Thanks very much. Just to be clear, if I pay the remaining balance that is part of next month's statement on the next month (and then there is another balance left as part of the next month), is that fine? Sorry, I find it a bit confusing!

No problem.

The key to making sure your credit stays good is paying the bill on time. If you are paying the balance off even if there is something on the card in recent purchases, you are good. 

Pay on time

Don't charge more than 30 percent of the available balance.

Two key things. So to be clear you don't have to worry about the left over balance because it's part of a new payment period.

On top of Michelle said, if you truly want to help out a family member offer to pay a bill itself. Don't give them the money, say for example - I will pay your electricity bill for three months and send the money to the electric company. This way, you know where the money is going.

Very true.

We have a high deductible health plan and can open an hsa. Should I use this for medical expenses now or as additional retirement health funds? We can afford the medical bills out of our own pocket now.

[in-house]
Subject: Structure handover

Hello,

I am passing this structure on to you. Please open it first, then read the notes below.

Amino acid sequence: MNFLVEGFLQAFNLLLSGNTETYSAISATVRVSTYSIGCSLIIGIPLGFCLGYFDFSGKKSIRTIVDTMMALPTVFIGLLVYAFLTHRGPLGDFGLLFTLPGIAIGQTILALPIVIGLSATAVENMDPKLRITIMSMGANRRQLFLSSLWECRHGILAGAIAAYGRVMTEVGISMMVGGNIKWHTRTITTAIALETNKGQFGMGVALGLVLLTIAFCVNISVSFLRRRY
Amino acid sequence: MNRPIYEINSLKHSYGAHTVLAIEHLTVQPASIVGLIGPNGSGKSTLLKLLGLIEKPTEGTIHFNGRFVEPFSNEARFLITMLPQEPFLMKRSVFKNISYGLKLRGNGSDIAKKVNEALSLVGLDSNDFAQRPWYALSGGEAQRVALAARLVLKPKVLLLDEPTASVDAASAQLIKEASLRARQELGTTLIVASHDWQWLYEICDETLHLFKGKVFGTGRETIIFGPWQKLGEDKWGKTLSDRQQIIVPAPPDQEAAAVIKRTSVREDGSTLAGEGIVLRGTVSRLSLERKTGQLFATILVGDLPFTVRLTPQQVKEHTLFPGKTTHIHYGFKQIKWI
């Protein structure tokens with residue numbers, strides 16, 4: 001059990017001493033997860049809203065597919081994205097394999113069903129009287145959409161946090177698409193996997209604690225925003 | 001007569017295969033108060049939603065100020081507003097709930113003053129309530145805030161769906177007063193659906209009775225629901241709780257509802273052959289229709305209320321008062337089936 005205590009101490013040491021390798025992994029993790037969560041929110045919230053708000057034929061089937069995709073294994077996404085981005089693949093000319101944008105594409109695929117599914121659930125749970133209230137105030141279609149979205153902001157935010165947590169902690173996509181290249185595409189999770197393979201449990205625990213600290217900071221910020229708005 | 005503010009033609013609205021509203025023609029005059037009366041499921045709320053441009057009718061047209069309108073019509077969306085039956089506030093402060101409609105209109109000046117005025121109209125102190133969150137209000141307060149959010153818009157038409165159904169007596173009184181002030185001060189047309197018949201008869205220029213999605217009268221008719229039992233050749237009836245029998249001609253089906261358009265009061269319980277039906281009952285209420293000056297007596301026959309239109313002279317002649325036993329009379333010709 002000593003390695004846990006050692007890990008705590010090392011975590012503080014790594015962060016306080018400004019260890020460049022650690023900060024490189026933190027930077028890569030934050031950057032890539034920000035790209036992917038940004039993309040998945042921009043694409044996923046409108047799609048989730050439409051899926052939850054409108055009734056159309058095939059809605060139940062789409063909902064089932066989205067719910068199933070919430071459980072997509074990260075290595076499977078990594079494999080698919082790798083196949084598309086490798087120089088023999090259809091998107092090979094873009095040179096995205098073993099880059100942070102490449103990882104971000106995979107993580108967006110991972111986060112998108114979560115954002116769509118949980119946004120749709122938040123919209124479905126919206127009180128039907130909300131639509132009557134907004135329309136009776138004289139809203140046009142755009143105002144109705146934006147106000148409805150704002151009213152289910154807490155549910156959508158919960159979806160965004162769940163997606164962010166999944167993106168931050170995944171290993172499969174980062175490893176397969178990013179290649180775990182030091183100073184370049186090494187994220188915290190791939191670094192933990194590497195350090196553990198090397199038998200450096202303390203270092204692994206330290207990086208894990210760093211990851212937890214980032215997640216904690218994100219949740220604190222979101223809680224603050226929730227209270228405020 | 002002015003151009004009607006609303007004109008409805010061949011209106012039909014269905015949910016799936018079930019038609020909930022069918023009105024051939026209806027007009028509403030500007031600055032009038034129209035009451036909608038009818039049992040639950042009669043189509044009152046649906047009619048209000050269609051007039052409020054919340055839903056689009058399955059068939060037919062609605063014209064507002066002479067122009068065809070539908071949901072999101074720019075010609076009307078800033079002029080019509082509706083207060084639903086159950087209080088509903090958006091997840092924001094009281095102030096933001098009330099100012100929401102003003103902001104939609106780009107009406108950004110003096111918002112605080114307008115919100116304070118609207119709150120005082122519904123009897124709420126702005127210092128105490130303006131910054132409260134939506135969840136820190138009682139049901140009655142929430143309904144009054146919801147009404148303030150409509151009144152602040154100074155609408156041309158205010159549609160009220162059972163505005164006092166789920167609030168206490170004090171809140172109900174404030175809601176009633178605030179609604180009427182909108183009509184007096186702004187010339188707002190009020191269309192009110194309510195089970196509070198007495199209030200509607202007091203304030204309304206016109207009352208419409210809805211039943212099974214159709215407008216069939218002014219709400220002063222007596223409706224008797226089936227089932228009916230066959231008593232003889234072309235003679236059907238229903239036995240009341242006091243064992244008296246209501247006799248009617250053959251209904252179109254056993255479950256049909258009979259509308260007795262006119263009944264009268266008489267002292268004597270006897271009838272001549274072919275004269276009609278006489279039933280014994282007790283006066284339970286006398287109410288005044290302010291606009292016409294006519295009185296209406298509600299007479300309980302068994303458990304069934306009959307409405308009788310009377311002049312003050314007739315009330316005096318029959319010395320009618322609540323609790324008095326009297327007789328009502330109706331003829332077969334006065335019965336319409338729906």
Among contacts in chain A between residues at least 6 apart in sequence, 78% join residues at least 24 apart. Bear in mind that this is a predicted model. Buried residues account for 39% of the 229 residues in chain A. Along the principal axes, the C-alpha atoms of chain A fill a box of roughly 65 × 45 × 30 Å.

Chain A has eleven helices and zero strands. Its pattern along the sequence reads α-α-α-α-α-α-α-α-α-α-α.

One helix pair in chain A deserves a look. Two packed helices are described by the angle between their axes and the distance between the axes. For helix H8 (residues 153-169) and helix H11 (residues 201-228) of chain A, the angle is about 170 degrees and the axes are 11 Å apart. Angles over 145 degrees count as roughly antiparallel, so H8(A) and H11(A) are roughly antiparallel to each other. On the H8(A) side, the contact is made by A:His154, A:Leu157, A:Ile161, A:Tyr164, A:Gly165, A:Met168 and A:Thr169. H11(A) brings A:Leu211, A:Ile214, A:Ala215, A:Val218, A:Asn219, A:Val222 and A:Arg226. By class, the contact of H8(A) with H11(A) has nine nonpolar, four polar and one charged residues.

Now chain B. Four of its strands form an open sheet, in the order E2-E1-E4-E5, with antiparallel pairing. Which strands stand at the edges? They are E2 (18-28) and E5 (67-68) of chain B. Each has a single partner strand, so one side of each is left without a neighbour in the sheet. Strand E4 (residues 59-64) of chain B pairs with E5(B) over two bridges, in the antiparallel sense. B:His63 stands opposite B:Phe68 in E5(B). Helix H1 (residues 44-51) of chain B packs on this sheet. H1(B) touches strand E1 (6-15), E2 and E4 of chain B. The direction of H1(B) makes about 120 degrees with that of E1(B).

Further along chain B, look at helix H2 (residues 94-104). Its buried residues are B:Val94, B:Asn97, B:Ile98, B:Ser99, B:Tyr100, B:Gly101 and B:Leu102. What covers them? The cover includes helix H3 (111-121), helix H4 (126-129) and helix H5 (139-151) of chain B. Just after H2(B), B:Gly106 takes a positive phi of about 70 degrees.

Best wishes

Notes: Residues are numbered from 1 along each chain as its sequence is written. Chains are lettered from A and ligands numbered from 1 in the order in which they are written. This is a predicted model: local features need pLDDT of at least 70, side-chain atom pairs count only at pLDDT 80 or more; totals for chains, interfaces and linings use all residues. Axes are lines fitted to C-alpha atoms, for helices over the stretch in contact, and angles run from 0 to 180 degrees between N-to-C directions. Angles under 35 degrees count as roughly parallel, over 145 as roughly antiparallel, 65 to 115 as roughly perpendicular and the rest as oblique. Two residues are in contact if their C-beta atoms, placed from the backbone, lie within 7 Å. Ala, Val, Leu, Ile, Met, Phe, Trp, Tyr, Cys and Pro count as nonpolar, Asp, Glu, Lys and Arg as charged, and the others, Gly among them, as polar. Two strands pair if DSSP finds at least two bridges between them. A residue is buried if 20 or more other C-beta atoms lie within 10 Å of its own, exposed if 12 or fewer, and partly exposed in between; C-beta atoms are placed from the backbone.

Using a HSA saves on taxes so that's a good reason to use it.

Michelle - How do you tackle a heap of debt, when you've been managing it very well and can continue to "manage it" but not pay it down? It's a lot and it's a bit overwhelming.

Do the debt dash.

List all the debts starting with the smallest. Pay the minimum on all the other debts. Once you knock out that small debt, take those funds and any other funds you can get and apply it to the next debt. 

I've found that when you can quickly knock out debt you get motivated because you see progress. Then you attack the other debt so fast that even if it's at a higher interest rate, you don't end up paying much more because you've gotten rid of it.

You need some success. Try the debt dash.

Here is our situation. We're in fairly good shape. Our only debt is a mortgage, our retirement savings are healthy, and we have a good sized emergency fund. We have started savings for our sons' college education (both are in fourth grade) through a 529 plan. We should have around $100k by the time they graduate from high school, enough to cover a state school, but not a private school. Does it make sense to set up a separate investment account so that we could have that option? If the funds aren't needed for college, we plan to use them whatever mortgage we have at the time or even set aside for graduate programs. I don't want to borrow against our house, but would like the flexibility when the time comes. I should note that our sons are on the autism spectrum, so the right school may come at a cost.